Mathieu van der Poel has described Remco Evenepoel as “arrogant” – but says the Belgian youngster can get away with bold statements of intent because of his talent.
Evenepoel is currently recovering from a crash at Il Lombardia in August and will line-up in 2021 as one of the sport’s most-marked and exciting figures, after a 2020 season in that he won each of the four stage races he rode.
Van der Poel will also share the limelight once again when racing resumes, the three-time cyclocross world champion winning the Tour of Flanders in October, his 27th professional win on the road. He is also continuing to ride mountain bike.
Speaking to Belgian magazine Humo, Van der Poel said that he was impressed by Evenepoel’s ability but questioned his public persona.
“What he can do now, I couldn’t at that age,” the 25-year-old said. “Riding such solos and winning every race in which you participate – that is unseen.
“[But] I sometimes find his statements borderline, but everyone is the way they are. If he wants to say things that way, he should do it.
“This may seem arrogant to us, but in his view it probably mainly shows self-confidence. Well, he may make great statements, but he often answers with the pedals too.”
Evenepoel’s successes pre- and post-lockdown led to him being touted as a potential winner of the Giro d’Italia by Vincenzo Nibali, something the former footballer embraced. Injury, though, prevented him from competing.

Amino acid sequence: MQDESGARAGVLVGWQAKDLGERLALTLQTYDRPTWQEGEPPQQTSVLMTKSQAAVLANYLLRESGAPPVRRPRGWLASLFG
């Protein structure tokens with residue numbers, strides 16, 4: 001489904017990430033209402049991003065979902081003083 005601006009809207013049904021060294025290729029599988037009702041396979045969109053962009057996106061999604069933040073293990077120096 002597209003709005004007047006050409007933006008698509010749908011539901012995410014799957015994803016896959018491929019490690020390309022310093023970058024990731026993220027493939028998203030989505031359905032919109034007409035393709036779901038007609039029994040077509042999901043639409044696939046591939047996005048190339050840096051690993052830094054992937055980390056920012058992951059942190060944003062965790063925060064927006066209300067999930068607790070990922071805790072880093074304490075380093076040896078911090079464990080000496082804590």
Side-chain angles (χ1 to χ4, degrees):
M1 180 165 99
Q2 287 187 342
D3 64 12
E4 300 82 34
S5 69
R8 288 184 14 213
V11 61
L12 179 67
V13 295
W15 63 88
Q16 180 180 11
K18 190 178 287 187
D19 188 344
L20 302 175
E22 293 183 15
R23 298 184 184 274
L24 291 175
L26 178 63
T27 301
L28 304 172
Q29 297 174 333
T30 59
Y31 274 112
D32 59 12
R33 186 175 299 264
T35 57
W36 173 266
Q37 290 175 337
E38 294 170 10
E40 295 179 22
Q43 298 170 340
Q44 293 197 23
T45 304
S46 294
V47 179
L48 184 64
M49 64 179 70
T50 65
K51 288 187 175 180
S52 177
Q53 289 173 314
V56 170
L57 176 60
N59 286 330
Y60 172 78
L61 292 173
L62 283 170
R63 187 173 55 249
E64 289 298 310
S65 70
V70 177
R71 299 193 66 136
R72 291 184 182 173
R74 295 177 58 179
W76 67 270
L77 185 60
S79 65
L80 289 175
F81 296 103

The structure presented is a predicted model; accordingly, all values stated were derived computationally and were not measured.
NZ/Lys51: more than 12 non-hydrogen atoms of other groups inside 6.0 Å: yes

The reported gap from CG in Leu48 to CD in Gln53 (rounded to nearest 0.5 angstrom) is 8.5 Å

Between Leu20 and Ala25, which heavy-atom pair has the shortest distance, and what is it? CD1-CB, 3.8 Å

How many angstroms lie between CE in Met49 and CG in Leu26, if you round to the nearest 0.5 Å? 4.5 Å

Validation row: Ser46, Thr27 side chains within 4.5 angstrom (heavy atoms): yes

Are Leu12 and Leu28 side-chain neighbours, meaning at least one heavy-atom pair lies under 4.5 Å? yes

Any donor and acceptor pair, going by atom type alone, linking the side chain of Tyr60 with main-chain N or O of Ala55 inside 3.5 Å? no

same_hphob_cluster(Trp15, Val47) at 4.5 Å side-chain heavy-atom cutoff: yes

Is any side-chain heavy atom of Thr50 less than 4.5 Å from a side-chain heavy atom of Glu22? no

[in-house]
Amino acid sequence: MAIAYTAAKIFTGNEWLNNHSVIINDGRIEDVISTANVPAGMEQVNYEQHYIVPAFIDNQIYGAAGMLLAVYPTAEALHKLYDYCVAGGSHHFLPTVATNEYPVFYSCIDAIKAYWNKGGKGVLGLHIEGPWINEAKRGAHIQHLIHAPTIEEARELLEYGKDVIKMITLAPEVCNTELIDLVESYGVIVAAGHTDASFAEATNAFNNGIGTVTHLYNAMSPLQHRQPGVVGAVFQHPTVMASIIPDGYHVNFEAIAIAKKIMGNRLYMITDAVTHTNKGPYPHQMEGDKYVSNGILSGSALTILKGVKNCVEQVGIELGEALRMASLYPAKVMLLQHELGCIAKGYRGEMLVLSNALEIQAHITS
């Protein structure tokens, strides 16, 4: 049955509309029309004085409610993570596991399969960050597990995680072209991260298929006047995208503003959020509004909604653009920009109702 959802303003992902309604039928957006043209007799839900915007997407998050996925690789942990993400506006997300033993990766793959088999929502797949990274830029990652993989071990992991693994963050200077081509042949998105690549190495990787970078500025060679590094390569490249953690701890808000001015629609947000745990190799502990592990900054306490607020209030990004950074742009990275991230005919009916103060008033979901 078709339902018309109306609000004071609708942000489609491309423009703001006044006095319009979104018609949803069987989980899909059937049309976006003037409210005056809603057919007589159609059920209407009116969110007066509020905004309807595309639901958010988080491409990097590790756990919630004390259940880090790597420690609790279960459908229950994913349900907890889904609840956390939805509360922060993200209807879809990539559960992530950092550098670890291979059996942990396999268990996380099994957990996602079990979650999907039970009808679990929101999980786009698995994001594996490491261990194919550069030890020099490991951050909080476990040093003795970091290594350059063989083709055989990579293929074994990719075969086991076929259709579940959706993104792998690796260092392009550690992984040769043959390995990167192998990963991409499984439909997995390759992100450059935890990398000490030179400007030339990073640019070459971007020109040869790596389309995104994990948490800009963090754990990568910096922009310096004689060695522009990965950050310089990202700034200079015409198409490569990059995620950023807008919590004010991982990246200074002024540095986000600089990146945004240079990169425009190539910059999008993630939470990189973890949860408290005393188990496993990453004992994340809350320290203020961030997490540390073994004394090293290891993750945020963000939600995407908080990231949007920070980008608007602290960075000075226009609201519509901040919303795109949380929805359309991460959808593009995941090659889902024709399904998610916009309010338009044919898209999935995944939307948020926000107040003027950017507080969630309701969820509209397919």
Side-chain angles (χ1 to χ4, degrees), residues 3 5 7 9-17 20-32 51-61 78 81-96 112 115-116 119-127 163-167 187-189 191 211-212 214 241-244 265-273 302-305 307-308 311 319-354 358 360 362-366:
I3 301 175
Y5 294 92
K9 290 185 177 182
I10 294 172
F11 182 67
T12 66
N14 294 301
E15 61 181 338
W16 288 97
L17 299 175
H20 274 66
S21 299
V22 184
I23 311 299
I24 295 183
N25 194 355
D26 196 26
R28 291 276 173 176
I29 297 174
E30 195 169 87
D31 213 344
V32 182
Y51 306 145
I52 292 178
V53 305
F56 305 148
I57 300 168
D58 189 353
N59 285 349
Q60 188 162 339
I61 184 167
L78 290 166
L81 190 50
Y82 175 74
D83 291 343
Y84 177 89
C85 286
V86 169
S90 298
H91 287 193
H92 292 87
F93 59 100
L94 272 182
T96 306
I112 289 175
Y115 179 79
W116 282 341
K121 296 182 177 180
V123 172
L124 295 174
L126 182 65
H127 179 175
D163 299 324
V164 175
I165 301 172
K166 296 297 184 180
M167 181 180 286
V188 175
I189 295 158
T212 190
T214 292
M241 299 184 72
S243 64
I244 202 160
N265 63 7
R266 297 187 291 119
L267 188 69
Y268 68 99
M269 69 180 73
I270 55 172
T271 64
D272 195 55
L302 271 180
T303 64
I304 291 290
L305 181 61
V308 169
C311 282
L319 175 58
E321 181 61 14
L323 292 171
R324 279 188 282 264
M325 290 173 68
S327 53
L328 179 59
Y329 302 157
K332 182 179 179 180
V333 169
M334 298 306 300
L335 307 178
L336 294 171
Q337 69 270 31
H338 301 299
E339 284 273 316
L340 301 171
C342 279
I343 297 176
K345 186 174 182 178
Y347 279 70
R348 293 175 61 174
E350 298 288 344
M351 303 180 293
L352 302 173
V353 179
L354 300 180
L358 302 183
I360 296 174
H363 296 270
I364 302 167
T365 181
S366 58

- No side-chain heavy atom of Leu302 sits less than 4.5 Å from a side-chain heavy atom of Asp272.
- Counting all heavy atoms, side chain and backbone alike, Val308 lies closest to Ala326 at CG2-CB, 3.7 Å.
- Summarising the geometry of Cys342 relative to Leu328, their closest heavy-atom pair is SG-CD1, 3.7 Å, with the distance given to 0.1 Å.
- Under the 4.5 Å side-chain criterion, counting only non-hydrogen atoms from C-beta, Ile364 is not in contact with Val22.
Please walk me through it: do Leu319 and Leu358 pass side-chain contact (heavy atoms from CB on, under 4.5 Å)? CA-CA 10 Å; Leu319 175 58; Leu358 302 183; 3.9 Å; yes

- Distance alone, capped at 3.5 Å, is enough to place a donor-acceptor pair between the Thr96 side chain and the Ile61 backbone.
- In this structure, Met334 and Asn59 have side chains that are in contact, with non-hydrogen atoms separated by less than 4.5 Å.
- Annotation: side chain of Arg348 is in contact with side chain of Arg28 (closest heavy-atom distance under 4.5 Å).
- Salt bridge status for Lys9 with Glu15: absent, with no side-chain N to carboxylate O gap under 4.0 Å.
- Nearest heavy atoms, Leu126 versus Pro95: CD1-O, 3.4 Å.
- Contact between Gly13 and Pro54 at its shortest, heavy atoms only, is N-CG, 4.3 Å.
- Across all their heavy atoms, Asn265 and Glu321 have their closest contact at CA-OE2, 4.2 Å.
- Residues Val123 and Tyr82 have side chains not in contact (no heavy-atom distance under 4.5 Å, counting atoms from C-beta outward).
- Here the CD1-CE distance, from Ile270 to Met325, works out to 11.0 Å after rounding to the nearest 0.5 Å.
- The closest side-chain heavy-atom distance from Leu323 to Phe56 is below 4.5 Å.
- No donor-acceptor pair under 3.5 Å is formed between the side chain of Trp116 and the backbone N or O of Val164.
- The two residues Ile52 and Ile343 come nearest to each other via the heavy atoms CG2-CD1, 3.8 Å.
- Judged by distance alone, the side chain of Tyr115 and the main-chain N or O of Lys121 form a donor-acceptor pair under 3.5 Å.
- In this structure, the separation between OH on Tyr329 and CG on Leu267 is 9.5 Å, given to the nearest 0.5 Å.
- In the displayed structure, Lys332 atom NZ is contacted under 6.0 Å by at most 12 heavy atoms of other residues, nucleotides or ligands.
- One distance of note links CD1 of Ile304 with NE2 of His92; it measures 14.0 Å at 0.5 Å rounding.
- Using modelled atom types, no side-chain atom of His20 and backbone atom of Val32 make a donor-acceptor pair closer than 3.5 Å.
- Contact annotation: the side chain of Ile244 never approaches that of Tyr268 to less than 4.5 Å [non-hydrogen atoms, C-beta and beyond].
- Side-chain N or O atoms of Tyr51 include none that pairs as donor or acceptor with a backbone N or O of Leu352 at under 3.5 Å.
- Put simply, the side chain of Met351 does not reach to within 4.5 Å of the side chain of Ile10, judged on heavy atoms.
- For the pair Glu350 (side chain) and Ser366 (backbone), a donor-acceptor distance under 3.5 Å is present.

Having grand ambitions and welcoming public pressure is not something that should automatically have negative connotations, Van der Poel added. “I also said that I want to become world champion in the three disciplines, plus Olympic champion on the mountain bike. These are also ambitious statements.”
Meanwhile, the Alpecin-Fenix star refuted the idea that he could imitate his long-term rival Wout van Aert and also be able to play the role of a super-domestique in the mountains.
“What Van Aert has done in the Tour – riding in front of someone else – is not my ambition. I don’t even know if I could. But as long as I have not ridden a Tour, such comparisons make no sense.”
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Chris first started writing for Cycling Weekly in 2013 on work experience and has since become a regular name in the magazine and on the website. Reporting from races, long interviews with riders from the peloton and riding features drive his love of writing about all things two wheels.
Probably a bit too obsessed with mountains, he was previously found playing and guiding in the Canadian Rockies, and now mostly lives in the Val d’Aran in the Spanish Pyrenees where he’s a ski instructor in the winter and cycling guide in the summer. He almost certainly holds the record for the most number of interviews conducted from snowy mountains.
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